The destruction of the whole living world, in its primordial times, by a deluge to which, as in Egypt, the name of Deucalion was attached, was the prevalent opinion in Greece. From him and his wife Pyrrha, the human race were stated to have been renewed. Individual writers occasionally arose, who confined the incident to Greece; but this was not the popular or predominant impression. According to that, it was a general destruction of the existing mankind. The Greek mythologist, Apollodorus, details the tradition as it was usually accredited, and makes the third generation of men, or the Brazen Age, which preceded our Iron one, to have been that which so perished; though, as Deucalion's antediluvian abode was in Greece, he only specifies the local effects there.
Hesiod inculcated that the second race of mankind had been removed by the Divine power from the earth, on account of their wickedness. Neither account limits the destruction to Grecians only, but both apply it to the entire race of men then subsisting, called the Second or Silver Generation in the one, and the Brazen in the other; both represent the extinction as produced by the Divine will, and as followed by a new race or production of human kind.
Lucian shows us that in his time the same ideas and belief were prevalent, for he exhibits his misanthrope Timon, as reproaching Jupiter for sending in his youthful days, that is, in the most ancient period of the world, such a calamity on human kind, and for a universal destruction of them by lightning, earthquake, and overwhelming waters, preserving only Deucalion in an ark.
In his Essay on Dancing, he likewise mentions the ark, in which the relics of the human race were preserved. In another of his works, his largest dissertation, which has been generally received as his, and which there are no satisfactory reasons to ascribe to any other, he narrates the Grecian opinions more fully about it. For this purpose, it is immaterial by whom they are stated. What we desire to know is, what traditions were in general circulation in pagan Greece on this subject. We have these at length in this treatise, and they correspond with Lucian's briefer intimations in his other compositions. He expressly professes to state the popular belief on this subject. In this we find that the deluge was a general destruction of all mankind for their wickedness, and by a universal flood of waters, and that one family, with several animals, were preserved in an ark, and repeopled the earth.
We have another authentication to us of the same accredited traditions in Greece, in the casual intimation of Plutarch, that a dove was let out of his ark by Deucalion, to ascertain if the catastrophe had ceased. He alludes to this as to a general notion abroad in his time, in the same way that he would to ar y other popular opinion. He refers to it as an illustration of his argument, which, in this treatise, was on the mental powers of the animated races.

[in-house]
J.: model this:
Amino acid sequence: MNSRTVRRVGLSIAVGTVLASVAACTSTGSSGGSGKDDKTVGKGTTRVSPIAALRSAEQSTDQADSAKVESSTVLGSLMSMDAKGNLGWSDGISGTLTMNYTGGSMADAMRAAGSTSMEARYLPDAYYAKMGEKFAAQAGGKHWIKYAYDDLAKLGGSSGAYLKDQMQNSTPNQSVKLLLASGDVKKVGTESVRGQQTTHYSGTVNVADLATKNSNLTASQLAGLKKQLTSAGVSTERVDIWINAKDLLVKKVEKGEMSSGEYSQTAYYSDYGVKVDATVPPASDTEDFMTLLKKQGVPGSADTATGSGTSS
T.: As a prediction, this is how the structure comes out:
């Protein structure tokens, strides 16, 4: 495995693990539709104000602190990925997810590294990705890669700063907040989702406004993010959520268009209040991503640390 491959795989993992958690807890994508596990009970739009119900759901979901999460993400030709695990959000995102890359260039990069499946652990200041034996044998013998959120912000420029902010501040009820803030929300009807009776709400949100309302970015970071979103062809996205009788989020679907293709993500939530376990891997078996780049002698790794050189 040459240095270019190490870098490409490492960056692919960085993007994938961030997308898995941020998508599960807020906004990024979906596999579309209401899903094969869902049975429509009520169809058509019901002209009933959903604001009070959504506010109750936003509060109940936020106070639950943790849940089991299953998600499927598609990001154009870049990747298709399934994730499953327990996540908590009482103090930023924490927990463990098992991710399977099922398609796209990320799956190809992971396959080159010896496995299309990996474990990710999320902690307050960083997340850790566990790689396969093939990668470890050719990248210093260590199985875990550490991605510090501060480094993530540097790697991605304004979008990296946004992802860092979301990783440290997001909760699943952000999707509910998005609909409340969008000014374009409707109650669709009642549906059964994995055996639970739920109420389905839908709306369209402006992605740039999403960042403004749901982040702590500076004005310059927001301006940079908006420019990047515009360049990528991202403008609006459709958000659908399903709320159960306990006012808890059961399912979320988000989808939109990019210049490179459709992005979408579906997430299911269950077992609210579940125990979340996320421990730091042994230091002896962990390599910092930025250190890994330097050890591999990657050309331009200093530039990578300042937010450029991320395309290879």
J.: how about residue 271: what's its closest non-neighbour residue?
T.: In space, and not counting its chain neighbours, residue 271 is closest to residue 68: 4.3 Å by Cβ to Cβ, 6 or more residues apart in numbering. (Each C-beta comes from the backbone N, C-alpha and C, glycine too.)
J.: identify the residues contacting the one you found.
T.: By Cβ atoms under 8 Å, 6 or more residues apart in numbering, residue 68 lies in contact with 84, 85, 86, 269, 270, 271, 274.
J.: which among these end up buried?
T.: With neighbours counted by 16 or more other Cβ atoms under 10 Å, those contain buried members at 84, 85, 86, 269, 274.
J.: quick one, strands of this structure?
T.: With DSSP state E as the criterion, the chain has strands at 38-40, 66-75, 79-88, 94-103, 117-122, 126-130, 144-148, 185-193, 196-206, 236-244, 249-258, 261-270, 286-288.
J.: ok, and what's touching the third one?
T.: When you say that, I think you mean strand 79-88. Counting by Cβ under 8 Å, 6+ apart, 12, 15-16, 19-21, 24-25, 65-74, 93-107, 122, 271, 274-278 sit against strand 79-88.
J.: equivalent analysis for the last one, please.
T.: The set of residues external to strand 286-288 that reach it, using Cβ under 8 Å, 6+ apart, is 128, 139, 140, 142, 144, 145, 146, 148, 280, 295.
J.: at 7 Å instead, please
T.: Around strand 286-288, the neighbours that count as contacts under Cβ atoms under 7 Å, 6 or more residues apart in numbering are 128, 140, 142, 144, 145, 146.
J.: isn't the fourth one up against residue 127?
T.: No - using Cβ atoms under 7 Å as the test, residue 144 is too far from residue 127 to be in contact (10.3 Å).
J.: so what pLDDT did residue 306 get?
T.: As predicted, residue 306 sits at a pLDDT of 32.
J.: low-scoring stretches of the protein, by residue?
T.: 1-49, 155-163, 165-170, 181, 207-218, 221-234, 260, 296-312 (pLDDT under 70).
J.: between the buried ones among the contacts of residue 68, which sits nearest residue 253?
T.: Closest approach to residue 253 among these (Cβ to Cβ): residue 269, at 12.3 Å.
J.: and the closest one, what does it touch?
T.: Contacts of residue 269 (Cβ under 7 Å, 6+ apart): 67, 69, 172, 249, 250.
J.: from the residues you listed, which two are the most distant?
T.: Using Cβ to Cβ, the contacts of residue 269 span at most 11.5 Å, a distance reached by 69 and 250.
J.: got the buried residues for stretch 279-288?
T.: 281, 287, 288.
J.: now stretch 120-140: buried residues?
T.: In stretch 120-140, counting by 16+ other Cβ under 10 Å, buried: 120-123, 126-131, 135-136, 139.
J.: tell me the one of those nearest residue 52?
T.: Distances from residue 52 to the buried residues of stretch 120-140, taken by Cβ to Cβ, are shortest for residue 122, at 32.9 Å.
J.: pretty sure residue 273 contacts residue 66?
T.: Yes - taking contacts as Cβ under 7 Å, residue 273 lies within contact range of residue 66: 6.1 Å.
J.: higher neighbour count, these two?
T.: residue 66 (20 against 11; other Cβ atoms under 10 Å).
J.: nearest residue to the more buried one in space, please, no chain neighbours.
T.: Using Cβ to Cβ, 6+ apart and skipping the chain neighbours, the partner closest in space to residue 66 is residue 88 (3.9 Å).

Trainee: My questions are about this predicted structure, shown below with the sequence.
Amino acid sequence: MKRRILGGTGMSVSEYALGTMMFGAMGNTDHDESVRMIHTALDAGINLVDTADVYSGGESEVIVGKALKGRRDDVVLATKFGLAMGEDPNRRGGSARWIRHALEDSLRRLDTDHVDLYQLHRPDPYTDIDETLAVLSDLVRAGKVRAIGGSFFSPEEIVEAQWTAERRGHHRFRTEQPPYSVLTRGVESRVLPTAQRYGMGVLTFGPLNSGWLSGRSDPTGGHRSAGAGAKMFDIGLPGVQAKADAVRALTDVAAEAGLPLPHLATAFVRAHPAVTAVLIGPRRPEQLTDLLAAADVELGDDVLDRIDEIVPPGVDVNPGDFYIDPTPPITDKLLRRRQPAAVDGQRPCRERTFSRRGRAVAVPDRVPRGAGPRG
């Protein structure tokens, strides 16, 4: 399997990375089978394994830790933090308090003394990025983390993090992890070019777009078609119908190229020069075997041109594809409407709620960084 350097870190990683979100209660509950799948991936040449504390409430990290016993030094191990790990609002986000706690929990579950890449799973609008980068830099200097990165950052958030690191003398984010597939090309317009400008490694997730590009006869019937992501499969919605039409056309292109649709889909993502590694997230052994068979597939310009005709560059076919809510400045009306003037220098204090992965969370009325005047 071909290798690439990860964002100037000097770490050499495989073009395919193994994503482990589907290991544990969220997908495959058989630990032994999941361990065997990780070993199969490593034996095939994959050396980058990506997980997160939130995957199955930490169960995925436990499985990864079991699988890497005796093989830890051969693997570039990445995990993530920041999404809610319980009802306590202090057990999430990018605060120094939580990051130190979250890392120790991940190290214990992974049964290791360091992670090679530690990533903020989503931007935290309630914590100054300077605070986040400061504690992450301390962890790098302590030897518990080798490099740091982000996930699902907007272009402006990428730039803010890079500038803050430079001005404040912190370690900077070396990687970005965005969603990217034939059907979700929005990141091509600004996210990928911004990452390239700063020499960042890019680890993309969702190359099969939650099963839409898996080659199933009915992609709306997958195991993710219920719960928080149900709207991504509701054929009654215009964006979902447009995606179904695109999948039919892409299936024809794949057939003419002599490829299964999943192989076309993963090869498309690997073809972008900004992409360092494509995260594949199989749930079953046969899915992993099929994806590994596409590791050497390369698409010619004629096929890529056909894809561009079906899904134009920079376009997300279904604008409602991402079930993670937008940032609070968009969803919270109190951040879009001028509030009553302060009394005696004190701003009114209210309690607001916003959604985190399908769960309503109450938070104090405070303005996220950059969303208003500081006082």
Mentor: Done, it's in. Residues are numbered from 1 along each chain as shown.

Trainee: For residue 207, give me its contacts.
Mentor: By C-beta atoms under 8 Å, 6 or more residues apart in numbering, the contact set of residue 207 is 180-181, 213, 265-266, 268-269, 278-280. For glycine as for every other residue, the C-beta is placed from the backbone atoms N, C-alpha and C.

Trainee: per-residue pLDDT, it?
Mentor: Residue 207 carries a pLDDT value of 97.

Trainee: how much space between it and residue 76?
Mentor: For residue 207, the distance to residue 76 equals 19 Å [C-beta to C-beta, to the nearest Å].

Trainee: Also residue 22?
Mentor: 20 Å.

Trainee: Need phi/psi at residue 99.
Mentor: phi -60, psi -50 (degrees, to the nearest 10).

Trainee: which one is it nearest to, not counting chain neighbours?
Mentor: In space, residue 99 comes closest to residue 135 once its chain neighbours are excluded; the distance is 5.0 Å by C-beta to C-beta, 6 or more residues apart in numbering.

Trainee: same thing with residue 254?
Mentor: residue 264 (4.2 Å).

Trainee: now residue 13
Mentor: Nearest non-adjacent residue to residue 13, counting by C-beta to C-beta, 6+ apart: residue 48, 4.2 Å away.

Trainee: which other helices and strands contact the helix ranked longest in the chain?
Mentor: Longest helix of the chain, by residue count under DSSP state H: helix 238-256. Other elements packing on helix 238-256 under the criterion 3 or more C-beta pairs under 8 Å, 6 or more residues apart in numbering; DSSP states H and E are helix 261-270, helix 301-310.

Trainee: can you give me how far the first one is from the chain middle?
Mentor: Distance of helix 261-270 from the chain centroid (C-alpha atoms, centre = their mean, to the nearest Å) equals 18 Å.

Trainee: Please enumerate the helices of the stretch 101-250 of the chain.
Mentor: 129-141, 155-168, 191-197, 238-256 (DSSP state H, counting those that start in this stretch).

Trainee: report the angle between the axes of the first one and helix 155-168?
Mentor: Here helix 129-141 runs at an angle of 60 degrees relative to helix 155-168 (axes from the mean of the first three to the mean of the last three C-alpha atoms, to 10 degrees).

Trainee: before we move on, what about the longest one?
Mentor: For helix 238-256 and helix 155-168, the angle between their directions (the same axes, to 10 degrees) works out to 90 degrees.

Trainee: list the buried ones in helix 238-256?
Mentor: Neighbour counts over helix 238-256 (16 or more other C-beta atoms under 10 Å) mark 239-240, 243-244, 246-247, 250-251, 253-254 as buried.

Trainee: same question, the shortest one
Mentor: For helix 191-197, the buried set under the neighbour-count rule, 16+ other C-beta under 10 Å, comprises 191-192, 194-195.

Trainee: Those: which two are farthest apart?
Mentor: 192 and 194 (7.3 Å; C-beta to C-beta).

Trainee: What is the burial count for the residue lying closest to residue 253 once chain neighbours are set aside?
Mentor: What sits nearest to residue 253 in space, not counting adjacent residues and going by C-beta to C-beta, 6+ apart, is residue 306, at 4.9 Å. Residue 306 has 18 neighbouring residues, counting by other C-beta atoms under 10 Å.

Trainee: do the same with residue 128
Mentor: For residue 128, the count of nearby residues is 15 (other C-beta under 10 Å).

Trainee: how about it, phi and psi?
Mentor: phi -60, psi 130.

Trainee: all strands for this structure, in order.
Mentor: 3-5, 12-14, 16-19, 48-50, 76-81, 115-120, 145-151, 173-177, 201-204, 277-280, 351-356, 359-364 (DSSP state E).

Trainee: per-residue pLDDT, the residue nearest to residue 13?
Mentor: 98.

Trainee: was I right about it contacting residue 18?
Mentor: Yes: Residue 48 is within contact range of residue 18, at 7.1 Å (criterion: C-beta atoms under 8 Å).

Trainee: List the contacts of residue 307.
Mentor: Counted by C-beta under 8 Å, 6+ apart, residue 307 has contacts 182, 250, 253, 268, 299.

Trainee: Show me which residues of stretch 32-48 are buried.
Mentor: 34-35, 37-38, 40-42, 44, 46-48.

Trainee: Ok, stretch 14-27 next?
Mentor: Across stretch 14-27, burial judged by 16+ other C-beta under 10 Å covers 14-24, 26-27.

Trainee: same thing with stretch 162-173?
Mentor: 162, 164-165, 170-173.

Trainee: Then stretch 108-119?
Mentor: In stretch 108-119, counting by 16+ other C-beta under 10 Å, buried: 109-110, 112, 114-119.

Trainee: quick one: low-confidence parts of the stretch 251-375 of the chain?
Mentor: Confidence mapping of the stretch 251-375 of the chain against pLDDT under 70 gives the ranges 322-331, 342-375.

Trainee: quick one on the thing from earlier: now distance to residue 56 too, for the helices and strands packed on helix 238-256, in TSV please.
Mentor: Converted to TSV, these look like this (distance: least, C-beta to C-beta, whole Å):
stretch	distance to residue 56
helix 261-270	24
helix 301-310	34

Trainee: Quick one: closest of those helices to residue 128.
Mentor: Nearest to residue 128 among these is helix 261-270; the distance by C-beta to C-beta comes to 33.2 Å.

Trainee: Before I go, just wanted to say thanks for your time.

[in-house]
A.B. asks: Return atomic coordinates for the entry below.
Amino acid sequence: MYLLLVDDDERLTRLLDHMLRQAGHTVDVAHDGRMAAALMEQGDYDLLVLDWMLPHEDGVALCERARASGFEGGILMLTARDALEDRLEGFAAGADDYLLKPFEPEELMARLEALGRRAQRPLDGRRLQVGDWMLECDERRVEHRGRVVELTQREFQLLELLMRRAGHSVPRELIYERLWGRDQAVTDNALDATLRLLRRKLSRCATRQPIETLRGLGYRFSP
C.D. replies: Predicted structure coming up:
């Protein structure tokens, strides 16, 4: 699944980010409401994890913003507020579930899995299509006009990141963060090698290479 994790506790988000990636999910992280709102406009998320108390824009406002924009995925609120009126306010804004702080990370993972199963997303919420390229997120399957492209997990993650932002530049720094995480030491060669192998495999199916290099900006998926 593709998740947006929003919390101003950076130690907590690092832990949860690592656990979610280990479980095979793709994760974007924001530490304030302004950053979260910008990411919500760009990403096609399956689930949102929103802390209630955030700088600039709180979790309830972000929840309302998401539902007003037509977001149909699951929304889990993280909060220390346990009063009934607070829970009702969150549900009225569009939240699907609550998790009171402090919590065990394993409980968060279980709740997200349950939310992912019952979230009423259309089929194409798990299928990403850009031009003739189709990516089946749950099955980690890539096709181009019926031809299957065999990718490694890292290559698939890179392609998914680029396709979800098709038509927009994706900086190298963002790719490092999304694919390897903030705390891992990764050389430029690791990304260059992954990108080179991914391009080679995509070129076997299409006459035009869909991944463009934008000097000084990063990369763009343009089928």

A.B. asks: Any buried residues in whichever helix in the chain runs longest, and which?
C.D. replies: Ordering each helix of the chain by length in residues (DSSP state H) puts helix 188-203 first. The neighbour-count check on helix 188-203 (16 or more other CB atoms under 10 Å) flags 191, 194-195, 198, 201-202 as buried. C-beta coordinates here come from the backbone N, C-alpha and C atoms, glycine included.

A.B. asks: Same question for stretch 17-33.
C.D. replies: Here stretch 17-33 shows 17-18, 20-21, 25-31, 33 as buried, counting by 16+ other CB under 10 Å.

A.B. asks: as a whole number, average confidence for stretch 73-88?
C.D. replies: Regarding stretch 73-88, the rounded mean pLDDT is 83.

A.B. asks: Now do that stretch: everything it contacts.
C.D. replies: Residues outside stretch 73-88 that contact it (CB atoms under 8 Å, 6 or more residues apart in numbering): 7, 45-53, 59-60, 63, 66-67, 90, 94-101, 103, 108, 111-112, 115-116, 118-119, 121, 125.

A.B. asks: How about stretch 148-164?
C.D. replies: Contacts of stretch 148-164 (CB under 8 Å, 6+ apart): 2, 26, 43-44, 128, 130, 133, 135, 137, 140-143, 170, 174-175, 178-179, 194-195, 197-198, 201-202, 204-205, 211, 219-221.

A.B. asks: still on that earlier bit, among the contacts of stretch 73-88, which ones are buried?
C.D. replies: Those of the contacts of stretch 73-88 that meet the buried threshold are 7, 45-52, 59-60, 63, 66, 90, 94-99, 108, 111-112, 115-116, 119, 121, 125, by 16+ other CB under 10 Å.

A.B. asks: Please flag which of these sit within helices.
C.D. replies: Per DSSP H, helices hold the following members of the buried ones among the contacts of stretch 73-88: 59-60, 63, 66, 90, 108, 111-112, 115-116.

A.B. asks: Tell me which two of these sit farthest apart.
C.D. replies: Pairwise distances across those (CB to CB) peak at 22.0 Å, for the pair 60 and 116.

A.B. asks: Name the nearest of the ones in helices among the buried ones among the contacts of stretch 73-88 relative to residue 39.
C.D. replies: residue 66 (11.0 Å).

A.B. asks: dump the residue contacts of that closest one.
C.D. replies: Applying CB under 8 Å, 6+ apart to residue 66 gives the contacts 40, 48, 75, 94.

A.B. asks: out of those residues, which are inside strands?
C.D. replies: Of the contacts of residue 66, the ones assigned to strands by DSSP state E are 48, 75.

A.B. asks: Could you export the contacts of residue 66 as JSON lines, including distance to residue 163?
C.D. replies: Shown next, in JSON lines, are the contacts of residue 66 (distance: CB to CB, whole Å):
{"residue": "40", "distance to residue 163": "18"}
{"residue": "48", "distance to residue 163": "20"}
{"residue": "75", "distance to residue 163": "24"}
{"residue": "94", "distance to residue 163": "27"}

Plato has also incidentally left us an admission that a universal deluge, and only one, was the public opinion of Greece, for he introduces the Egyptian priest who meant to controvert it, as thus representing it. Solon is here exhibited as having the same belief with his countrymen, and therefore it is clear that the popular idea was that also of the wisest and greatest men in Greece, in the sixth century before the Christian era. The Egyptian proceeds to tell him that there had been many, on the authority of the priesthood of the Nile; but that before “ this mighty deluge," a great state and city of the Athenians, with a vast population and splendid history, had existed. This looks like an exaggerated tradition of some part of the antediluvian history, as all that was placed before Deucalion, by any one may have been. But it was what Solon and the Greeks had never heard of, and therefore the Egyptian detailed it to him as new history, and Plato preserves it as so narrated. No casual allusion can give a stronger testimony to the fact, that Deucalion's deluge was then considered by all Greece as a universal desolation, and as the only deluge. Plato, in another work, mentions the same catastrophe in the same meaning, and as implying the same extent of destruction.
Aristotle seems to have been one of those who thought that the general tradition ought to be contracted into a local inundation of Greece only. Yet, as if aware that the public impression was against him, he does not choose to commit himself by explicitly declaring that it extended no farther. On the contrary, the words he has selected to employ give it a greater diffusion, for he introduces the qualifying adverb " chiefly." He says, “ It chiefly happened about Grecce.”
The Arundelian Marbles have the deluge of this Deucalion briefly inscribed on them, and state that he fled to Athens from the Ly. coris; which is the mountain on which Lucian mentions that he was saved.
The Athenians believed that the flood retired from the land